As many of you may know, 2012 is the Year of the Co-operative. It is also the year we hope to open our doors. We are part of a larger movement worldwide to embrace the co-operative model. In that spirit, here is a video showing how successful and popular the model has been in Britain, which houses The Co-operative, a network of member-owned businesses that range from banks to travel agencies to grocery stores. (apologies for the ads at the bottom--they appear with the embedded video and were not added by us!) 


Recipe: Broiled Sardines

Sardines, a delicious and sustainable treat, perfect for the Feast of Seven Fishes. Here's an easy recipe from Mark Bittman.

Getting into the holiday spirit

The folks at the South Philly Food Co-op started the holiday season a little early this year with our first fundraiser at the South Philly Tap Room. We all had a wonderful time meeting members from the community and enjoyed the opportunity to talk about what we've been up to and next steps. Thanks to everyone that came out to support us! Now, on to the food . . . Today feels like a good day to share some favorite holiday food traditions. Large or small, every family has their own special way to celebrate the season. A particular favorite in my family is all about the snacks on Christmas Eve. Growing up, we would load our plates with cheese, crackers, shrimp cocktail, and whatever special goodies Mom came up with to delight us; we'd watch Jimmy Stewart and Donna Reed in Frank Capra's "It's A Wonderful Life" and enjoy the company of family. As time moves on, situations change and traditions evolve. We're pickier with our cheese selection now and have switched out the shrimp cocktail for oysters . . . still delicious (even more so I might say), but I look back very fondly on our simple beginnings. The holiday season is also about remembering loved one who are no longer with us. In my case it is Grandma and her baking. Simple but classic . . .

Christmas Butter Cookies

  • 1 cup (2 sticks) butter
  • 2 1/2 cups flour
  • 1 1/2 cups powdered sugar
  • 1 teaspoon baking soda
  • 1 egg
  • 1 teaspoon cream of tartar
  • 1 teaspoon vanilla
  • 1/4 teaspoon salt
Preheat oven to 400 degrees. Cream butter thoroughly. Add sugar gradually. Continue beating until mixture is light and fluffy. Beat in egg and vanilla. Sift dry ingredients. Gradually add to creamed mixture and mix thoroughly. Shape and bake in desired shapes. Bake 6 -8 minutes. Chill dough. Have a wonderful and safe holiday season!! Your friends at the SPFC

Join Us For Happy Hour at the SPTR!

Where better to have our first fundraiser than the South Philadelphia Tap Room? Join your fellow co-op supporters on Tuesday, December 7th from 7-10pm, for half-priced drafts, food specials prepared from local ingredients, and our fabulous door prizes. South Philadelphia Tap Room 1509 Mifflin Street Tuesday, December 7th, 7-10pm The suggested donation for this event is $10. Looking forward to meeting you, and for you to meet each other! –The SPFC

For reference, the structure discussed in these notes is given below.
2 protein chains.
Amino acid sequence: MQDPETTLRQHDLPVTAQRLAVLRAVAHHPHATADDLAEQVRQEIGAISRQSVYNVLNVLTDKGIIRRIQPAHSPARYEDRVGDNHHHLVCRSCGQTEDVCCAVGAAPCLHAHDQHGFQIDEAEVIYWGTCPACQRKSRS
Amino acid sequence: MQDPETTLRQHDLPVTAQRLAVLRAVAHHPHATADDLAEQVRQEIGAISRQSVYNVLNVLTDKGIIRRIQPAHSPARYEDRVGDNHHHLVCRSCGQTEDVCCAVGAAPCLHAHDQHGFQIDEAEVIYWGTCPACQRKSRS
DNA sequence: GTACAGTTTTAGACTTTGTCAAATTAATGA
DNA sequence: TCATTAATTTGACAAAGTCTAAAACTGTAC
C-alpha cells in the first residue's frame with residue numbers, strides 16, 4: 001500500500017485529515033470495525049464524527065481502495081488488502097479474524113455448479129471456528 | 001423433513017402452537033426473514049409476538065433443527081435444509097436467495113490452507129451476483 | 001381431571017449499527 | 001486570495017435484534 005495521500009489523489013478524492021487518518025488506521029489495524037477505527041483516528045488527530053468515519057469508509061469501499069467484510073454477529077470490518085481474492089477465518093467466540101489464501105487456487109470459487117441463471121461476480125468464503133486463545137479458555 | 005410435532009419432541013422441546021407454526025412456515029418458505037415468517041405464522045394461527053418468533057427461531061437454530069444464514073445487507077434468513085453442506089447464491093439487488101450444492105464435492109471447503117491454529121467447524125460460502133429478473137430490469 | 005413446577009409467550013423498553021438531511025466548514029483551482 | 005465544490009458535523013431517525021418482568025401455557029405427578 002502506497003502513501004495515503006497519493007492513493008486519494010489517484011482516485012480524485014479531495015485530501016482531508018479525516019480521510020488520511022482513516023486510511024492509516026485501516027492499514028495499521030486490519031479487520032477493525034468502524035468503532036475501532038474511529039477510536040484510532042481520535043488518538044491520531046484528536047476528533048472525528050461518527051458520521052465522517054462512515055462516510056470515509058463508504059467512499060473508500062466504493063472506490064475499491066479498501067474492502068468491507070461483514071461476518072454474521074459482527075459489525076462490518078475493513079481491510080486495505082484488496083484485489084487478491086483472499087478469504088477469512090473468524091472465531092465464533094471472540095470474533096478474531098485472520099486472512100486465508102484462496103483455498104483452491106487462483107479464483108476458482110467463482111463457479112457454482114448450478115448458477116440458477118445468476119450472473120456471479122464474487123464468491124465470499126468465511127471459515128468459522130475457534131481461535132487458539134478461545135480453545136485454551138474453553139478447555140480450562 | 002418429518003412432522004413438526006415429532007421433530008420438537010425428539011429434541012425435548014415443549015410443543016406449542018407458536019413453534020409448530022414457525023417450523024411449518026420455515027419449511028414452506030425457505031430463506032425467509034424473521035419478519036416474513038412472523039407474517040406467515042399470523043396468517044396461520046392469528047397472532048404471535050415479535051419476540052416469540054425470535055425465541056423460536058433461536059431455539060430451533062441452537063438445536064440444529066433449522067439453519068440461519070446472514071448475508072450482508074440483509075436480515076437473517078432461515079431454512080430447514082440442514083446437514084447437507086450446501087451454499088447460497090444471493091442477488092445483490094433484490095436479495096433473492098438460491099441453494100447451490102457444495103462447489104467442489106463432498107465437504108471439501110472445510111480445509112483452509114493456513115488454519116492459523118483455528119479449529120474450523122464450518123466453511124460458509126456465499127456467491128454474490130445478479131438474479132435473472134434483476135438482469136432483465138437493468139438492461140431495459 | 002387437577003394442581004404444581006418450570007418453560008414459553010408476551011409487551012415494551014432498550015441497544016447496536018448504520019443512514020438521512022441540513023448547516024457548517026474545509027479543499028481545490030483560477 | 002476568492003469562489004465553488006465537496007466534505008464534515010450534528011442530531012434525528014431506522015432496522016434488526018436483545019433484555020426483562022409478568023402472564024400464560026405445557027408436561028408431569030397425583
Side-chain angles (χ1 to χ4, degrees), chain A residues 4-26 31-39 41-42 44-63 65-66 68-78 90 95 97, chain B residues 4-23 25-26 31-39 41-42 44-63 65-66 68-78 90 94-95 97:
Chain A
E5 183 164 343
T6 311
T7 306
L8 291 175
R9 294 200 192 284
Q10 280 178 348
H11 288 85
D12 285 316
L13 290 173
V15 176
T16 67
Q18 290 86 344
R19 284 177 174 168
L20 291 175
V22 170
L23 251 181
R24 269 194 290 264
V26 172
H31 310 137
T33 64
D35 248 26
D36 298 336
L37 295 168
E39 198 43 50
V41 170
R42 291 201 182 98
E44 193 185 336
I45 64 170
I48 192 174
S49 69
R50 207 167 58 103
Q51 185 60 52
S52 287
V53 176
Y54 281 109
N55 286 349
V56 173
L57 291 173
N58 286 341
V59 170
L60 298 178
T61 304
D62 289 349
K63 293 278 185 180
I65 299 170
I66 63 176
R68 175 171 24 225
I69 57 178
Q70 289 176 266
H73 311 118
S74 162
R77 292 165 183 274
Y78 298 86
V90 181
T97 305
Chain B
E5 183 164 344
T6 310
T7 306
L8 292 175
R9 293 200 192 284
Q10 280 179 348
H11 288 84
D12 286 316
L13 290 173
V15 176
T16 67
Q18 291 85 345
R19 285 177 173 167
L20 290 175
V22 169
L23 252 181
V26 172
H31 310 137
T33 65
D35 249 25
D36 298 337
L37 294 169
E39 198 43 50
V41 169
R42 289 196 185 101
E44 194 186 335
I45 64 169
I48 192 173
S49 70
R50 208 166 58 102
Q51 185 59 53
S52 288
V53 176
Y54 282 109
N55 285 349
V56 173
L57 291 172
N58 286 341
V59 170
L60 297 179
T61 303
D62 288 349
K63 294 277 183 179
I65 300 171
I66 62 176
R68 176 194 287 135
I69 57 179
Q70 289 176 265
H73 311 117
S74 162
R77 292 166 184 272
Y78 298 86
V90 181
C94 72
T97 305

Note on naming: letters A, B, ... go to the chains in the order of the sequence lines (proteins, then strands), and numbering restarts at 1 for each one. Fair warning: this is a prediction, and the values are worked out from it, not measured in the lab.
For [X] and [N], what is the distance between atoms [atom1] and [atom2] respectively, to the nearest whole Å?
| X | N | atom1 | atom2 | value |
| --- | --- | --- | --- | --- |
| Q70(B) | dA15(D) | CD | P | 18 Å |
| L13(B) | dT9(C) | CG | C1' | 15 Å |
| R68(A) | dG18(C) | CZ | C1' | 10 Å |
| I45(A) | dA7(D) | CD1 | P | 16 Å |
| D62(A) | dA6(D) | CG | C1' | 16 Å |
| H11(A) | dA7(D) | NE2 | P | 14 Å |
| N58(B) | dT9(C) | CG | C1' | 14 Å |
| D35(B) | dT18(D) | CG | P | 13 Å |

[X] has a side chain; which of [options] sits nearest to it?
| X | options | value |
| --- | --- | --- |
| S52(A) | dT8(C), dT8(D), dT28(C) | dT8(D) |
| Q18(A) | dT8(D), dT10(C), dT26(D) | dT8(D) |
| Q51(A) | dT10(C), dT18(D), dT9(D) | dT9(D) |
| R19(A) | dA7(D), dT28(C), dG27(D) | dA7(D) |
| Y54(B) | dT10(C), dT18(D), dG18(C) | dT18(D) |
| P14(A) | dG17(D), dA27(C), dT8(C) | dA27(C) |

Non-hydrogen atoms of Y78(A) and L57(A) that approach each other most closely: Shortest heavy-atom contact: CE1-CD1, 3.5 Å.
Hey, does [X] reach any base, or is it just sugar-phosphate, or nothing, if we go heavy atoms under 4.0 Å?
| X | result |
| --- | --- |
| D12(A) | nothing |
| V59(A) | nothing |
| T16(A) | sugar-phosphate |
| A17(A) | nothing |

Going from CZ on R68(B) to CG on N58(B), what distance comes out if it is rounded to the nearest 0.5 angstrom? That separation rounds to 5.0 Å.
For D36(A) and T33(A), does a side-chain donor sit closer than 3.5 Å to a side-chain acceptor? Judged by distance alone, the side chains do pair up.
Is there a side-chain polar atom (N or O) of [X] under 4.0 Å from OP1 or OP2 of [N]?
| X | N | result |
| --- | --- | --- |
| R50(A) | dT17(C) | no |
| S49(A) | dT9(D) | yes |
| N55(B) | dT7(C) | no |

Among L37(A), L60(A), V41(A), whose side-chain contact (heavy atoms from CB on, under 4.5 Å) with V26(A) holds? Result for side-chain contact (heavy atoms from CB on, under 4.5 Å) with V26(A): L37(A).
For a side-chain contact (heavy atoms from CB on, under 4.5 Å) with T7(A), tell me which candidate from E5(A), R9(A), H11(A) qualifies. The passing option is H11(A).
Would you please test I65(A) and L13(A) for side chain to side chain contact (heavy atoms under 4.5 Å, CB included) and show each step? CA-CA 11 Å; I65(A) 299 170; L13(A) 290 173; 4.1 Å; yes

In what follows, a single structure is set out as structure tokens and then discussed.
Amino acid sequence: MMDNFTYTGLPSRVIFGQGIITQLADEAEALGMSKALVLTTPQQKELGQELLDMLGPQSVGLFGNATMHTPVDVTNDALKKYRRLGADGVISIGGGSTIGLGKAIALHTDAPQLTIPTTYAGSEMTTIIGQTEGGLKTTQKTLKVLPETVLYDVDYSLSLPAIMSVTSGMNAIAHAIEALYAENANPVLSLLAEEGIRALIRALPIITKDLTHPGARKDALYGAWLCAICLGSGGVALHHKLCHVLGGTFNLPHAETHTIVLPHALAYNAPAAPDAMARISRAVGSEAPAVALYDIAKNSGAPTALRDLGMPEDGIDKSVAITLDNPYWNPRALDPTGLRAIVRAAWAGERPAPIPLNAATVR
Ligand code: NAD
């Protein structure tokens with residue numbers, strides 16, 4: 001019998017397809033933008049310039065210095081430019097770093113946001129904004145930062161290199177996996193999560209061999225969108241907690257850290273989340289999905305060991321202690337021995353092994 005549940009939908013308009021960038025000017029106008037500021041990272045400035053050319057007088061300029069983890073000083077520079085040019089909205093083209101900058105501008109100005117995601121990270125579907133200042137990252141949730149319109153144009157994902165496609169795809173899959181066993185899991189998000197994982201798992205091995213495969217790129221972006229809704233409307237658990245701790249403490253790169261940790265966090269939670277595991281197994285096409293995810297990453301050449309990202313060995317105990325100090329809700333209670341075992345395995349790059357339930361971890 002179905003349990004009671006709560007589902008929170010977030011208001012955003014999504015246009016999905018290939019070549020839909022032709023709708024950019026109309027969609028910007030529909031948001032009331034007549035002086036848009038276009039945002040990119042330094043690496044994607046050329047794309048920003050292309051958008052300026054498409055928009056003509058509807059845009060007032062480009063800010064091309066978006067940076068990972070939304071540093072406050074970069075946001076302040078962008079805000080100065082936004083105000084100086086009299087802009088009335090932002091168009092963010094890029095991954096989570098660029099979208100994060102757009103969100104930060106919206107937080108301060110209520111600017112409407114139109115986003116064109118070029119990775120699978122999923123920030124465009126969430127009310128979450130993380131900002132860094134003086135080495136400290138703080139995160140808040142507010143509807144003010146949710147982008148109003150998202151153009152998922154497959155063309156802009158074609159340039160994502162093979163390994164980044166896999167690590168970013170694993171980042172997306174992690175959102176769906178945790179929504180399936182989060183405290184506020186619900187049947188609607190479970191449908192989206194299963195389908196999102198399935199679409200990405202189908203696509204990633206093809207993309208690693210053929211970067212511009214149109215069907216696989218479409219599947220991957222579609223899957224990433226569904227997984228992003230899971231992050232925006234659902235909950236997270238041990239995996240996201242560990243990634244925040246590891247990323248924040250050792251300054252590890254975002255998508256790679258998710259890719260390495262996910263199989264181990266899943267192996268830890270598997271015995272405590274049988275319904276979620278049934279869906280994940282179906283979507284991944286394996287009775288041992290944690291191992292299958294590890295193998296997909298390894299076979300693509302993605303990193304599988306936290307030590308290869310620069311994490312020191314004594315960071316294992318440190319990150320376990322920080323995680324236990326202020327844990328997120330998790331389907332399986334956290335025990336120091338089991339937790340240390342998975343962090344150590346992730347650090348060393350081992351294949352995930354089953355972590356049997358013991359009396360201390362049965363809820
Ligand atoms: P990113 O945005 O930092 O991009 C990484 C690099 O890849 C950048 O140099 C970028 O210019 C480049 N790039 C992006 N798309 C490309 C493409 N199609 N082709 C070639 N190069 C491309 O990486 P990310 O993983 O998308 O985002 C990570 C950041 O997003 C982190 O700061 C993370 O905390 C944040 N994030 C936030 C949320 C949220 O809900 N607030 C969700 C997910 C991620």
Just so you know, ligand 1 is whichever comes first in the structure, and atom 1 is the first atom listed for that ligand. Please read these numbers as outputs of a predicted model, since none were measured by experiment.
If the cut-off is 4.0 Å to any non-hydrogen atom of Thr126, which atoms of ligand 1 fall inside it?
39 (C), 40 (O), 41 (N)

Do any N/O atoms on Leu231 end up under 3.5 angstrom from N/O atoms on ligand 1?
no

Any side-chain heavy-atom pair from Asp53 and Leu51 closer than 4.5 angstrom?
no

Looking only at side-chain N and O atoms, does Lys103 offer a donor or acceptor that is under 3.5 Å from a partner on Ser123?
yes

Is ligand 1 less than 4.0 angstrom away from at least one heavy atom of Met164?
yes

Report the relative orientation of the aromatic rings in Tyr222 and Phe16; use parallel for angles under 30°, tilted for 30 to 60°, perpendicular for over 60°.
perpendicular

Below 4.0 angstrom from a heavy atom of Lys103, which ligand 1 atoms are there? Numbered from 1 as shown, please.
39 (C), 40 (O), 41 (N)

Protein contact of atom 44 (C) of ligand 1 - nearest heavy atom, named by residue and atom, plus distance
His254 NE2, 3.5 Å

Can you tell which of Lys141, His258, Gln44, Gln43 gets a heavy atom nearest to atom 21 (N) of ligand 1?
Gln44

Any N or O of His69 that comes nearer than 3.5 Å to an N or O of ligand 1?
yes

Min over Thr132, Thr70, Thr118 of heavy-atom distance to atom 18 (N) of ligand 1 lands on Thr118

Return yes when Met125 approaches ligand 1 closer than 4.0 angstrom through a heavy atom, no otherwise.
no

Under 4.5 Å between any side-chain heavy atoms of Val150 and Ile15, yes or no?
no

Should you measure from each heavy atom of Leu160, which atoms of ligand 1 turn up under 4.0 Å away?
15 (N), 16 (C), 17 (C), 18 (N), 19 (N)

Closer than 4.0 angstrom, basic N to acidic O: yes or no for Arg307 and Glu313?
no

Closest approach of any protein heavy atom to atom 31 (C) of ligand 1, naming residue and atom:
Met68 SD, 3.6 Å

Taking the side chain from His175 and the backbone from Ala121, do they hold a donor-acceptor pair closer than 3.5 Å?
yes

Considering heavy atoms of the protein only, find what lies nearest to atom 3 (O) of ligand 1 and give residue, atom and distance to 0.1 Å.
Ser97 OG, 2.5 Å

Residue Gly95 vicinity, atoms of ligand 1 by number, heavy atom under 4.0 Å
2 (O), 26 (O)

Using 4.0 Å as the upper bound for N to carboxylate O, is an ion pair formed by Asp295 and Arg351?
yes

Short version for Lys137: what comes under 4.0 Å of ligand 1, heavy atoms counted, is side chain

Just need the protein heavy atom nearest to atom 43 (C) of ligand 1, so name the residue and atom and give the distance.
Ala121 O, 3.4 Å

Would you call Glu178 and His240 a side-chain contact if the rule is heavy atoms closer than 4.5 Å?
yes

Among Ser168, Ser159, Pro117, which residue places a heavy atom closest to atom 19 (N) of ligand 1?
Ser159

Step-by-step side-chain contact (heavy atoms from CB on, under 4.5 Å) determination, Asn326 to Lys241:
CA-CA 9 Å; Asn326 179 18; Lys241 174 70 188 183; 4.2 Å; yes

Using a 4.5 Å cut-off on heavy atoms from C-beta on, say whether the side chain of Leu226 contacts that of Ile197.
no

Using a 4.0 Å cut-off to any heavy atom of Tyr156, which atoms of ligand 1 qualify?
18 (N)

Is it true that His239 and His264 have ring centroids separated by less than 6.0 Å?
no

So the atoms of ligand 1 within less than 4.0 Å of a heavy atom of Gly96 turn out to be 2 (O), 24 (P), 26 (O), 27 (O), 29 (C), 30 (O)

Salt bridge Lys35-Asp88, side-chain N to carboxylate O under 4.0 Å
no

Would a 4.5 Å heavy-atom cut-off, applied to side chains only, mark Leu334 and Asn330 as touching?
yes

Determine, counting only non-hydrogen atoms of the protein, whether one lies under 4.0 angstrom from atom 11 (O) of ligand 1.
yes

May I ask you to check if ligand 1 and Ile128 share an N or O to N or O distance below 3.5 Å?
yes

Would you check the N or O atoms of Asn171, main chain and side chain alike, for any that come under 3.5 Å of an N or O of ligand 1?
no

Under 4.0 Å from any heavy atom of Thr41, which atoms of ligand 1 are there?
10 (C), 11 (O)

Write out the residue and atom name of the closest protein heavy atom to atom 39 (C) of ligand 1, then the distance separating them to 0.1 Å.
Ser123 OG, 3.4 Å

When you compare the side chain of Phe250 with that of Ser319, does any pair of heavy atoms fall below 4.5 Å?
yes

SPFC in the SPR!

Thanks to Stephanie Weaver for the great write up in the South Philly Review!

Oh, the places we’ve been!

We know that it has been awhile since we’ve updated the website but we’ve just been so busy spreading the word about the South Philly Food Co-op (SPFC)!! Here’s a quick recap of what we’ve been up to and where we’re going: We had the yummiest of bake sales at the LoMo Fall Fair on 9/25. Set up on the corner of Broad and Snyder, we had a fun filled day selling delicious treats whipped up by the SPFC volunteers. The Food Trust’s first Night Market was held on October 7 at the fountain on Passyunk Ave. A number of food trucks from local restaurants lined the ave and, for the lucky folks who arrived early, there was an array of fabulous food to be had; SPFC was on hand chatting up folks who waited in the long, long lines for samples. A great time was had by all! Last weekend we were invited to a very special block party on the 1800 block of Christian. Fabulous food, a doggie costume parade, and a wonderful sense of community . . . who could ask for more?! We met some really great people that day. Thanks for having us there! So that’s where we’ve been, now for where we’re going! Come check out Blocktoberfest this Saturday, October 16! This day-long outdoor festival will feature representatives of select craft breweries from around the country showcasing their biggest and best fall beers, as well as delicious food from neighborhood vendors, and a great line-up of live music from local and nationally-touring acts. We hope to see you there! Thanks for all of your support! SPFC